03/18/2013 04:15 pm ET Updated Feb 02, 2016

New York City's Rich Queer History (and History-in-the-Making)

When I learned of the closing of an iconic gay club that flourished during the Harlem Renaissance, the Ubangi Club, I couldn't help but think about how many times I've walked the very same pavements that great figures such as Langston Hughes, James Baldwin, Claude McKay, Angelina Weld Grimke and others walked. Living only 15 minutes away from Harlem and working a short walk away from the historical Stonewall Inn, I'm truly amazed when I think of the lesbian, gay, bisexual and transgender (LGBT) icons that have came before me and made history here in the Big Apple.

I'll never forget the very first time that I stepped foot in New York City, visiting my first girlfriend, whom I had met on MySpace, in the days before Twitter and Instagram. I had always been aware of the Harlem Renaissance and its importance in relation to African-American history, but I had no clue how queer it was or that some of my favorite poets and writers were queer like me.

Looking back, I laugh when I think of how my mother initially thought that my desire to relocate to New York City from Detroit was because I could be gay and liberated here. I remember thinking that her assumptions were so asinine, but now not so much. I still don't think that I can only be liberated in New York City, but I must say that there is no comparison with the "gay experience" here. Being a writer and filmmaker (regardless of sexual orientation) in the mecca of the arts is amazing, period, but being amongst so many beautiful, talented people who are also queer and living their dreams is even more amazing.

When I'm out and about in NYC or at a party amongst my peers, I often can't help but think of the parties that James Baldwin created in his books, like in Another Country, or the ones that Nelson Sullivan captured in his video work back in the Club Kids days. I think about the queer spaces that are being created today. And I think about what history is being made today and who is going to share it when my peers and I are long gone.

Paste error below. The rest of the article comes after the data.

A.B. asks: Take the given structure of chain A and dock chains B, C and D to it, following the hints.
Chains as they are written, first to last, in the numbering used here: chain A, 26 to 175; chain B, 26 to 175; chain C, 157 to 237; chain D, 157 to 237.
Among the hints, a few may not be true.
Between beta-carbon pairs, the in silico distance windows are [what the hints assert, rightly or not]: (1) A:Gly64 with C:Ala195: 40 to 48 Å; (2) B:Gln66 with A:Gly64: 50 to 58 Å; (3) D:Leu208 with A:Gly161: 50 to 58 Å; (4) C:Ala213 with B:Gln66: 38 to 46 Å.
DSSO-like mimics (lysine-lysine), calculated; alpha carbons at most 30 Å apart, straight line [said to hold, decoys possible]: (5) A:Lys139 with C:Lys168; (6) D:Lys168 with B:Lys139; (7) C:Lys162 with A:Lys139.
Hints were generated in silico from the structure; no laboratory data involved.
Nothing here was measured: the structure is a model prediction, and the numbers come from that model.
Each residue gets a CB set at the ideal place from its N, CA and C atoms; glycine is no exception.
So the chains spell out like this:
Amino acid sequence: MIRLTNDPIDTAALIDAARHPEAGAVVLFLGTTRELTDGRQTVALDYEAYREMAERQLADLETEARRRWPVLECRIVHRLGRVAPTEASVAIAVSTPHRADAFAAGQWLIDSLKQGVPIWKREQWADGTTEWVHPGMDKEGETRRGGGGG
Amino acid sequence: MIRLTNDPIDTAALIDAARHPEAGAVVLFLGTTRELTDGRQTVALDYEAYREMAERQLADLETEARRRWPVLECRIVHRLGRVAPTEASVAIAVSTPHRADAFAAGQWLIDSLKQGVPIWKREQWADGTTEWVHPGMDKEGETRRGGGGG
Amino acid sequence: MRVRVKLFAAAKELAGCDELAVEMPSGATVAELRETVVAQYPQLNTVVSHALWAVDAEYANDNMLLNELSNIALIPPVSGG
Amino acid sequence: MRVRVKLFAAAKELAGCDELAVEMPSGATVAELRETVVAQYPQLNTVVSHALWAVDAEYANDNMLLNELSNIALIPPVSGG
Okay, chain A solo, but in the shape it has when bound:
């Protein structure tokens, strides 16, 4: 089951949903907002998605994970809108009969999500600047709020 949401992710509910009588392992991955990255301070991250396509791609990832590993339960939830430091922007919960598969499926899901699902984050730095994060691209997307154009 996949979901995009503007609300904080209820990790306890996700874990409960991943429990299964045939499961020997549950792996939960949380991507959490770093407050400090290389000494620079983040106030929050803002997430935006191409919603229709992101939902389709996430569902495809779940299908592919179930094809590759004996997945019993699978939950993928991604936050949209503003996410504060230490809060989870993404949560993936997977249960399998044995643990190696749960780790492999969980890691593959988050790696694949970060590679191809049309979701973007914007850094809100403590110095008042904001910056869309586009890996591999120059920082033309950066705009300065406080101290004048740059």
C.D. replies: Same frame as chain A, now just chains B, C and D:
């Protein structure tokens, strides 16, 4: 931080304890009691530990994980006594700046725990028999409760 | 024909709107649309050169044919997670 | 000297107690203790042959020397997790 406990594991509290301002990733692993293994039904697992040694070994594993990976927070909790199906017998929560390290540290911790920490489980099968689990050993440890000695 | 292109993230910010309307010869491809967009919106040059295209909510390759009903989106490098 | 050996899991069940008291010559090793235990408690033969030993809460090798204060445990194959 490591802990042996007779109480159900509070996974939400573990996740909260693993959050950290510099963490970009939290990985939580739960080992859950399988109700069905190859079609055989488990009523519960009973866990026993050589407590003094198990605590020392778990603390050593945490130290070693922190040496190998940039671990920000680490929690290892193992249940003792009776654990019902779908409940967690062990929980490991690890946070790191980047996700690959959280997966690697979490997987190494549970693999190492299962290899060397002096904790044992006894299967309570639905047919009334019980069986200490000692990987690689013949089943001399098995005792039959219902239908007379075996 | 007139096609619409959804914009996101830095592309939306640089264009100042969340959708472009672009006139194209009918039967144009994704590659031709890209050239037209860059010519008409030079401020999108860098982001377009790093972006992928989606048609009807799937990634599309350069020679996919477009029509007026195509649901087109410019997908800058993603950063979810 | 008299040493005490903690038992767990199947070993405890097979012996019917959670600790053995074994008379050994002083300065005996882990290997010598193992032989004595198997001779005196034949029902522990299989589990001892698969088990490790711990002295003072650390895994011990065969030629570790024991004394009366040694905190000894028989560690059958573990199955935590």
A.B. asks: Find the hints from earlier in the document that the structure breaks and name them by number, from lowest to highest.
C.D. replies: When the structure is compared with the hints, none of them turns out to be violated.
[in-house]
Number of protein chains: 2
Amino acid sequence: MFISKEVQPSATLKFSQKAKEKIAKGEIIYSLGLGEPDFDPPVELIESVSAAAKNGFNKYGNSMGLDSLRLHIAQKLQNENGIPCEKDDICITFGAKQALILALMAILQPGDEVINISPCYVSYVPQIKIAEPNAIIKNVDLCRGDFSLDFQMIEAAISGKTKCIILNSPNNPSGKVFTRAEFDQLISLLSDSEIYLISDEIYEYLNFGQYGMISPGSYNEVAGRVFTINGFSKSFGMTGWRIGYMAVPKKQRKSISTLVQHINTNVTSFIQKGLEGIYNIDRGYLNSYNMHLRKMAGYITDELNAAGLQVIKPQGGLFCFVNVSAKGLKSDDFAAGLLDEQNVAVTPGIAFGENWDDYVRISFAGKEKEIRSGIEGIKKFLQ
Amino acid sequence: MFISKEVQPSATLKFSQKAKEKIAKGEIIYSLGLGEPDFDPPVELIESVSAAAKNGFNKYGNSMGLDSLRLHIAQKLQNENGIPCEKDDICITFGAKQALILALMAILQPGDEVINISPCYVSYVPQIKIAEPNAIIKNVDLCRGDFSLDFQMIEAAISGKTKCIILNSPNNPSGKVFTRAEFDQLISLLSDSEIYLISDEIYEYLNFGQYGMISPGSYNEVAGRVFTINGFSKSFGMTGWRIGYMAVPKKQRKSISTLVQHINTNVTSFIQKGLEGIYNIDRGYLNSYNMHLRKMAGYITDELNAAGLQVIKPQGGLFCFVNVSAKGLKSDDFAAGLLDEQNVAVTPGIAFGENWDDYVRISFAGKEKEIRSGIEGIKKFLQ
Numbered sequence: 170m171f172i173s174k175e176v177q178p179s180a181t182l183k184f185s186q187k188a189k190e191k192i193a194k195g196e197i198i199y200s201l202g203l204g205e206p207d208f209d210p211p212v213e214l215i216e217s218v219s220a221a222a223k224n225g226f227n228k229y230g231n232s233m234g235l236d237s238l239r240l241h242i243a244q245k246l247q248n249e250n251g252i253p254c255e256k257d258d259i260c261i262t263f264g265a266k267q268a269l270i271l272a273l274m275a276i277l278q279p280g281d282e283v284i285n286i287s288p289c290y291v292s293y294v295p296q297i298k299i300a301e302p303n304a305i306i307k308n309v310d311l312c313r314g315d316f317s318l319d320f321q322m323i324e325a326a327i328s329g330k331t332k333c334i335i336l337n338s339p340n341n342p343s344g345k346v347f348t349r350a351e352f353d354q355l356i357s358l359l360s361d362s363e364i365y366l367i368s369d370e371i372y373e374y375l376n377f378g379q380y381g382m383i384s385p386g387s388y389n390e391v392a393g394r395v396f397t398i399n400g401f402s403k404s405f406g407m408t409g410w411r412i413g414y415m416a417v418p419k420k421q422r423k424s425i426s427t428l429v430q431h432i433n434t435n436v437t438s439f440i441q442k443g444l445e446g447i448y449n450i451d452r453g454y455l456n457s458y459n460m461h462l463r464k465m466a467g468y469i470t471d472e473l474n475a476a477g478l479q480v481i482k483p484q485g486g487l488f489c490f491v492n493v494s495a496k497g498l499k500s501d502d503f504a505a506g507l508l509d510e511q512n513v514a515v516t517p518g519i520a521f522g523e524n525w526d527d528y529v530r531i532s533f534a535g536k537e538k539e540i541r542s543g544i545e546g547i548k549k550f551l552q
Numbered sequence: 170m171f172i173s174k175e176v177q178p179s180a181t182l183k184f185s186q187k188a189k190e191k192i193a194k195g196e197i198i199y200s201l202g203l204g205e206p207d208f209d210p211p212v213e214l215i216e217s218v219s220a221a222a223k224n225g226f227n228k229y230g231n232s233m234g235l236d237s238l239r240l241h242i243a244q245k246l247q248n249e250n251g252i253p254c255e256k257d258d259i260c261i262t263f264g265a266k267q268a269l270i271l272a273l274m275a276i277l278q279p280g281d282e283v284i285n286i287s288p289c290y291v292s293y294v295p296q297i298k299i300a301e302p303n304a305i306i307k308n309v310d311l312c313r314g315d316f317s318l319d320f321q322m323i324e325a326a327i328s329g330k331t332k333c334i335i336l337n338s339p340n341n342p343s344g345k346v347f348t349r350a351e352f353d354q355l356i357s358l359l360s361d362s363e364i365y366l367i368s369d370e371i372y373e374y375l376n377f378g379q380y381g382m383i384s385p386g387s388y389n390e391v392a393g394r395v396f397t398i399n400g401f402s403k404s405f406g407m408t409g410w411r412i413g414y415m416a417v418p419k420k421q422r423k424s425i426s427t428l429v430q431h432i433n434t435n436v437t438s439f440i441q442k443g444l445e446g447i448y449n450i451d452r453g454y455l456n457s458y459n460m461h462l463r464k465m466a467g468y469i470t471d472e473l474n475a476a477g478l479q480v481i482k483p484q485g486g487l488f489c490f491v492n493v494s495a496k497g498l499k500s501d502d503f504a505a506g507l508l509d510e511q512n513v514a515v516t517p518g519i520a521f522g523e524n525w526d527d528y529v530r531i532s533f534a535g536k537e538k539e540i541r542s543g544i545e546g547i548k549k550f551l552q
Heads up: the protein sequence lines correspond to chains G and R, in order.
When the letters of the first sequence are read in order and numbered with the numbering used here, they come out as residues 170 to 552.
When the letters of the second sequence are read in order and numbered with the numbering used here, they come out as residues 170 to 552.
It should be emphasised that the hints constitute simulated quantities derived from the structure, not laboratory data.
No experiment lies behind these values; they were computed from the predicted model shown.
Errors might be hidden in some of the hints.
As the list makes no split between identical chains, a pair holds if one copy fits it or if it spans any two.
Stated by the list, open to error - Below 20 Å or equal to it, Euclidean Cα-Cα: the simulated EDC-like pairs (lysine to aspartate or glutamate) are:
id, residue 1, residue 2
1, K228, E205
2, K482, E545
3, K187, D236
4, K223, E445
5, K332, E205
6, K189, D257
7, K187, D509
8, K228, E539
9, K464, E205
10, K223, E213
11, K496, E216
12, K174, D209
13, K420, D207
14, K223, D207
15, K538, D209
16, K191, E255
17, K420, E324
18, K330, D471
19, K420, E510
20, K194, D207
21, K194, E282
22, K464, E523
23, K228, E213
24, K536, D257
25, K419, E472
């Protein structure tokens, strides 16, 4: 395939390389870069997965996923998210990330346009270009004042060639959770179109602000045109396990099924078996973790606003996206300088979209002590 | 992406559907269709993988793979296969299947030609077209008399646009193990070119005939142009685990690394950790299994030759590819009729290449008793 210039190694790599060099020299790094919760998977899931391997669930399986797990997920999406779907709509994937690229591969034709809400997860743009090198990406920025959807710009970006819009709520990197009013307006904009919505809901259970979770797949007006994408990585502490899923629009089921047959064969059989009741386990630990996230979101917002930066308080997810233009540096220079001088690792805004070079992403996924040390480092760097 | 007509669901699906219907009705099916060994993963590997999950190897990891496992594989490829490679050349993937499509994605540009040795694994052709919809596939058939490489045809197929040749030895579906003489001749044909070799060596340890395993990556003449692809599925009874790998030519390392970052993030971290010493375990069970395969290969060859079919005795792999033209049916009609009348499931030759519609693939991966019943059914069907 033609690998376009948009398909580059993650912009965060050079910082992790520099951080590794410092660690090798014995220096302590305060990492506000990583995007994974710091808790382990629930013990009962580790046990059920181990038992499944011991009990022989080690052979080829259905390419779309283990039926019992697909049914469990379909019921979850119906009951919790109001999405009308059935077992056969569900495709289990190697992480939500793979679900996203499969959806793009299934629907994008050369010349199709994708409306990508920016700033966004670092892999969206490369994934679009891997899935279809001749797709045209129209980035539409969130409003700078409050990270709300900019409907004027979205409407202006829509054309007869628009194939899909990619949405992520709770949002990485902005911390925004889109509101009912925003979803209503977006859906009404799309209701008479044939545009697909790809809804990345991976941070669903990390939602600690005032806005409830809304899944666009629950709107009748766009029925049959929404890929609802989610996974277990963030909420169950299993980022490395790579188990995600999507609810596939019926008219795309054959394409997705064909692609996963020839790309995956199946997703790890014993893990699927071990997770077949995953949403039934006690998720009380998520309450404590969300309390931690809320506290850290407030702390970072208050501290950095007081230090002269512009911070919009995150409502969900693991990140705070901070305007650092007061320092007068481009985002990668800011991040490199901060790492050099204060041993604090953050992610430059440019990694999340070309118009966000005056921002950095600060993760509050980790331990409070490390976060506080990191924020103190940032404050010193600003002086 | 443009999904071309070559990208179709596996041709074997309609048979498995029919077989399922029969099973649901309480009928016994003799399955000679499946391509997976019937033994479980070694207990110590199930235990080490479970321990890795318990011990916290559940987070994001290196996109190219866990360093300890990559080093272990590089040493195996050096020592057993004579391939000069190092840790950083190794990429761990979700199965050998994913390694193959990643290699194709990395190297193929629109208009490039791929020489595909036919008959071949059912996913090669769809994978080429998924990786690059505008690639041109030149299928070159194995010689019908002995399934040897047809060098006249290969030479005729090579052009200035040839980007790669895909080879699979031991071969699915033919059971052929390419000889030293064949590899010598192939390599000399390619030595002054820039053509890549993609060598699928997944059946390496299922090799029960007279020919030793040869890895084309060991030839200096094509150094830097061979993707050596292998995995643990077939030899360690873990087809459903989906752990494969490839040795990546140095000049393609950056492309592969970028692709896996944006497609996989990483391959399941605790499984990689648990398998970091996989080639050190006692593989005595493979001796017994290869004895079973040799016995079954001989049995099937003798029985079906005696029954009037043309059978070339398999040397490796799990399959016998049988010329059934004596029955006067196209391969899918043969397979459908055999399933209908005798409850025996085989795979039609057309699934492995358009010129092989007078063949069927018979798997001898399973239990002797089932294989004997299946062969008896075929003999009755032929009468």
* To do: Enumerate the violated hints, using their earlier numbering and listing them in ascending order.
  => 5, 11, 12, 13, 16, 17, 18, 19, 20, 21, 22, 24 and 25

I often wonder whether someone is going to write about the awesome, twerk-filled "HAM" parties that Helen Harris throws in Brooklyn. Who's going to talk about how she's created such an incredible queer hip-hop space? Who is going to write about the time that House of Ladosha opened for LA Chat? Who is going to talk about the time that a myriad of queer men and women danced the night away at Santos Party House until Eve graced the stage and performed alongside a glittery penis? Who's going to share how Henrietta Hudson has been one of the most diverse clubs serving the lesbian community?

I wonder if the LGBT icons I learned about in my "Queer New York" class at the New School will be replaced by people like DJ Mary Mac, Laverne Cox, The Artchitects, Janet Mock, Isis King and many others who are currently shaping queer New York.

There are so many people making history, some very publicly, and some on the fringes and outside the spotlight. Who is going to be the next LGBT icon of the 21st century? I'm trying to do my part as a journalist, writer and filmmaker by documenting and sharing these important stories. I hope that others will join me too, for I would hate for our experiences to just fade into the gritty streets of New york and never be told.